Thursday, May 28
Gorgeous as Sin by Susan Johnson
March 3, 2009
Get the Book:
Barnes & Noble
From the Publisher:
Fitz Monckton, Duke of Groveland, has never encountered a woman he can't seduce -- until he clashes with the beautiful Rosalind St. Vincent, whose bookshop sits in the way of Fitz's lucrative development deal. If money won't entice Rosalind to sell her shop, Fitz must tempt her in other ways -- hopefully mutually pleasurable, and profitable to them both.
Well, in this case, wrong. I didn’t like it….at all. I thought the plot was predictable, which is not a “sin” as long as the journey with the characters is enjoyable, but I didn’t like the characters either. Fitz, The Duke of Groveland, is an enterprising, scheming, selfish, entitled aristocrat who is used to getting his way, no matter what, or how much it costs him. Money is no object for him, and morals do not exist. He uses coercion, deception, manipulation….anything, even his own body, to win.
Rosalind is a widow who is on the forefront of the suffragette movement. She is progressive, independent to a fault, stubborn and self righteous. When Fitz and Rosalind first meet sparks fly (but not in a good way), as in:
Fitz: “I hate you, bitch! You’re costing me time and money all because of your stupid and insignificant little book store”,
Rosalind: “Not as much as I hate you, you philandering rake, no amount of money can buy what I offer the community with my shop”.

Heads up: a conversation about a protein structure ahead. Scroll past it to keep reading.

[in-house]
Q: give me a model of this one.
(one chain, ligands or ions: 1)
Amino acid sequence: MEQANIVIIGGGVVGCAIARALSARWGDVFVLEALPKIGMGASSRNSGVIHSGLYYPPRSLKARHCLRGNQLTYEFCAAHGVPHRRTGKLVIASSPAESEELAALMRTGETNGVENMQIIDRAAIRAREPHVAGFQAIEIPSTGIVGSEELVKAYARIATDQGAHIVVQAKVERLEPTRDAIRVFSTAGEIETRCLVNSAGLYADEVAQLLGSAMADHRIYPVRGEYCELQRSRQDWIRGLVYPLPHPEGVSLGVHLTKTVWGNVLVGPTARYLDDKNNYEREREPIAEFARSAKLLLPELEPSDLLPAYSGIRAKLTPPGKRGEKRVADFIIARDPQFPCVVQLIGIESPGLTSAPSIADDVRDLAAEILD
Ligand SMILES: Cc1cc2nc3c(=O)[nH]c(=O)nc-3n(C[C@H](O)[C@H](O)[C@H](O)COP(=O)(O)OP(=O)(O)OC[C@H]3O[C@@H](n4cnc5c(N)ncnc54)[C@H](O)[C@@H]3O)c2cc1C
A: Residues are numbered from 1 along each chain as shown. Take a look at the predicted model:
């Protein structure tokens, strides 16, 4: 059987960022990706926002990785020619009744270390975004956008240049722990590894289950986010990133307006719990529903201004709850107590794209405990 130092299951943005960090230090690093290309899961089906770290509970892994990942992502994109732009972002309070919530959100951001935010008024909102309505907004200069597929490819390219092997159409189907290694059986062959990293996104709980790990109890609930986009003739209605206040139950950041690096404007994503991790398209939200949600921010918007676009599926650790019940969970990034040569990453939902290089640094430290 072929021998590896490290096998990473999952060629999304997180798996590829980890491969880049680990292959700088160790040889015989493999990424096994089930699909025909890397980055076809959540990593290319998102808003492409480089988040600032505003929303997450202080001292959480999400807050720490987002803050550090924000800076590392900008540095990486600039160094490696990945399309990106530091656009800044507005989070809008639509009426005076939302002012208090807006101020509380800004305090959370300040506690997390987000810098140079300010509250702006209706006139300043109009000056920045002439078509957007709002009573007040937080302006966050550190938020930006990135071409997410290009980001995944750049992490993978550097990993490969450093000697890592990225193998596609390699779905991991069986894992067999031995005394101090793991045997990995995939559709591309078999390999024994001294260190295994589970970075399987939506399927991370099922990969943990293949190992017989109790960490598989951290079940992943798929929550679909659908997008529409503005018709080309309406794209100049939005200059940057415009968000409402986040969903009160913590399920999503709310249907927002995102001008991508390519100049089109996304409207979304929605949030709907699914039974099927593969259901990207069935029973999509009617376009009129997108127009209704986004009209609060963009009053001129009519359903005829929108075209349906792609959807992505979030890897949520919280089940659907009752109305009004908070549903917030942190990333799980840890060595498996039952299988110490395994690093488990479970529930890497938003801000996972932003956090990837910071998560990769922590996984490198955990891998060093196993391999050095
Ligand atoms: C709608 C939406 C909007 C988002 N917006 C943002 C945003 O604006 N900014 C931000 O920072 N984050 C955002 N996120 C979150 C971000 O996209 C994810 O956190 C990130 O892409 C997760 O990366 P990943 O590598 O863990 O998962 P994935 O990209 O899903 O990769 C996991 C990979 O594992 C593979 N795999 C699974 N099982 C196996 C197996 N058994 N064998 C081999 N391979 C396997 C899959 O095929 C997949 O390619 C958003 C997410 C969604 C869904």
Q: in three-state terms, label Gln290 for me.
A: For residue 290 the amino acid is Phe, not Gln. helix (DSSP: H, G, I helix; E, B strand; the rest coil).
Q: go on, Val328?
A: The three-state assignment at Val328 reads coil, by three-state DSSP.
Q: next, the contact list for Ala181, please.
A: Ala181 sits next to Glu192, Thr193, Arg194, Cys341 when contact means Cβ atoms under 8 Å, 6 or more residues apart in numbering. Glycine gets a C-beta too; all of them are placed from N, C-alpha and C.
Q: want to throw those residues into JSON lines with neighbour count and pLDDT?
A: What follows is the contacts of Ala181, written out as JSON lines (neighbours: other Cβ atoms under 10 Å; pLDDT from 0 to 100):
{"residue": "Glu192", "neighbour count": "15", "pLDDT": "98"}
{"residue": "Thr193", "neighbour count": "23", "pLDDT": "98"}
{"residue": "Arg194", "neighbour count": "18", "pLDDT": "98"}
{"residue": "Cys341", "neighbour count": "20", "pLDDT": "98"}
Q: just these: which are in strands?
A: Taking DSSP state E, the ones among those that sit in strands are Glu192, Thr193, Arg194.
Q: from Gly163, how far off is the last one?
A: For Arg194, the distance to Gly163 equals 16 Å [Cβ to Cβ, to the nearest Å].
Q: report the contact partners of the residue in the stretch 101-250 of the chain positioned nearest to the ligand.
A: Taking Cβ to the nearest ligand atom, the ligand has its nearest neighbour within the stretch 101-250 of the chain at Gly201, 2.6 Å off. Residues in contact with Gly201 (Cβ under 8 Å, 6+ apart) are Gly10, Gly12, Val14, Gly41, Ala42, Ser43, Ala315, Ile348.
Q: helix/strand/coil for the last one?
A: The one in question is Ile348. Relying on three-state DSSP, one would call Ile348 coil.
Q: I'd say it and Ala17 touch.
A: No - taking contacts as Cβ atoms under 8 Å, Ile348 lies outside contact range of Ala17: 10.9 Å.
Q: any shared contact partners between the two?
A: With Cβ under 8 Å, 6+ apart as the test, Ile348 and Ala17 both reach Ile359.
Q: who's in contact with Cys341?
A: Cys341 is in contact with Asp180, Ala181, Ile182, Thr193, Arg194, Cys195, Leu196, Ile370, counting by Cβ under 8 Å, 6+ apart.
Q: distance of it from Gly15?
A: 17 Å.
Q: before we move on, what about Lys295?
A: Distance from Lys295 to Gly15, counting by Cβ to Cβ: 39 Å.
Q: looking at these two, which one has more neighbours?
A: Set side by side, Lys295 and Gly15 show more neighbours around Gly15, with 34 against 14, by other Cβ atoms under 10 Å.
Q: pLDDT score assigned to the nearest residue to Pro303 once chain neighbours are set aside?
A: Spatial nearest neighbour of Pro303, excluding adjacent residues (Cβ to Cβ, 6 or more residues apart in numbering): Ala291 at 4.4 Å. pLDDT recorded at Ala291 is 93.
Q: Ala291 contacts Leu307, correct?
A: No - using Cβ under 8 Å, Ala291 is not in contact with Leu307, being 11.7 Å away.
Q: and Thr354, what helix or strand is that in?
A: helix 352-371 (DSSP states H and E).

Of course, this is not exact quote from the book, but I feel that it is a great summarization of the beginning of the book. Love and Hate are definitely two sides of the same coin for Fitz and Rosalind. I was a little put off at the beginning because of this, but thought that maybe their dialogue and actions towards each other would change as they fell in love, but they didn’t. Fitz calls Rosalind a “bitch” throughout the book, and not in a playful way, but in a derogatory way. Other than their attractiveness to each other I failed to understand what compelled their almost obsessive behavior to have an affair that eventually led to their “falling in love”, and I use that term loosely.
Some reviews I read did not like Fitz because they felt that he “cheated” on Rosalind when he slept with several other women during their brief affair. This did not really bother me because I felt that it accurately portrayed who he was and the type of life he was leading prior to meeting Rosalind, in addition, he and Rosalind were not in a committed relationship (neither wanted anything from the other except sex). It also had the added benefit of leaving A LOT of room for him to grow and mature as a character.
Their entire relationship is based on sex. I failed to comprehend how two people who acted the way they did, used, and treated the other person the way they did, fell in love. Fitz has investigators break into her home to find evidence of her illegal writing, uses estranged family members to try and convince her to “do the right thing”, inadvertently has her arrested and put in jail for writing erotica, and is willing to use any means necessary, including sex with him, to convince her to sell her property to him. Rosalind uses Fitz for the sex, after all she is a widow, and uses their affair as inspiration for writing her popular erotica serial. Both characters were flawed, and their story lacked any kind of intimate passion. I felt they each had a lot of room to grow, and was willing to accept them as they were written at the beginning, hoping that they would redeem themselves by the end, but it just didn’t happen.
Does this sound like a love story to you? It wasn’t for me. After reading this book the only thing I came away liking was the cover. I am hoping that my next historical read, The Madness of Lord Ian Mackenzie by Jennifer Ashley, will renew my love of historicals (I’ve heard a lot of good things about it, so keep your fingers crossed).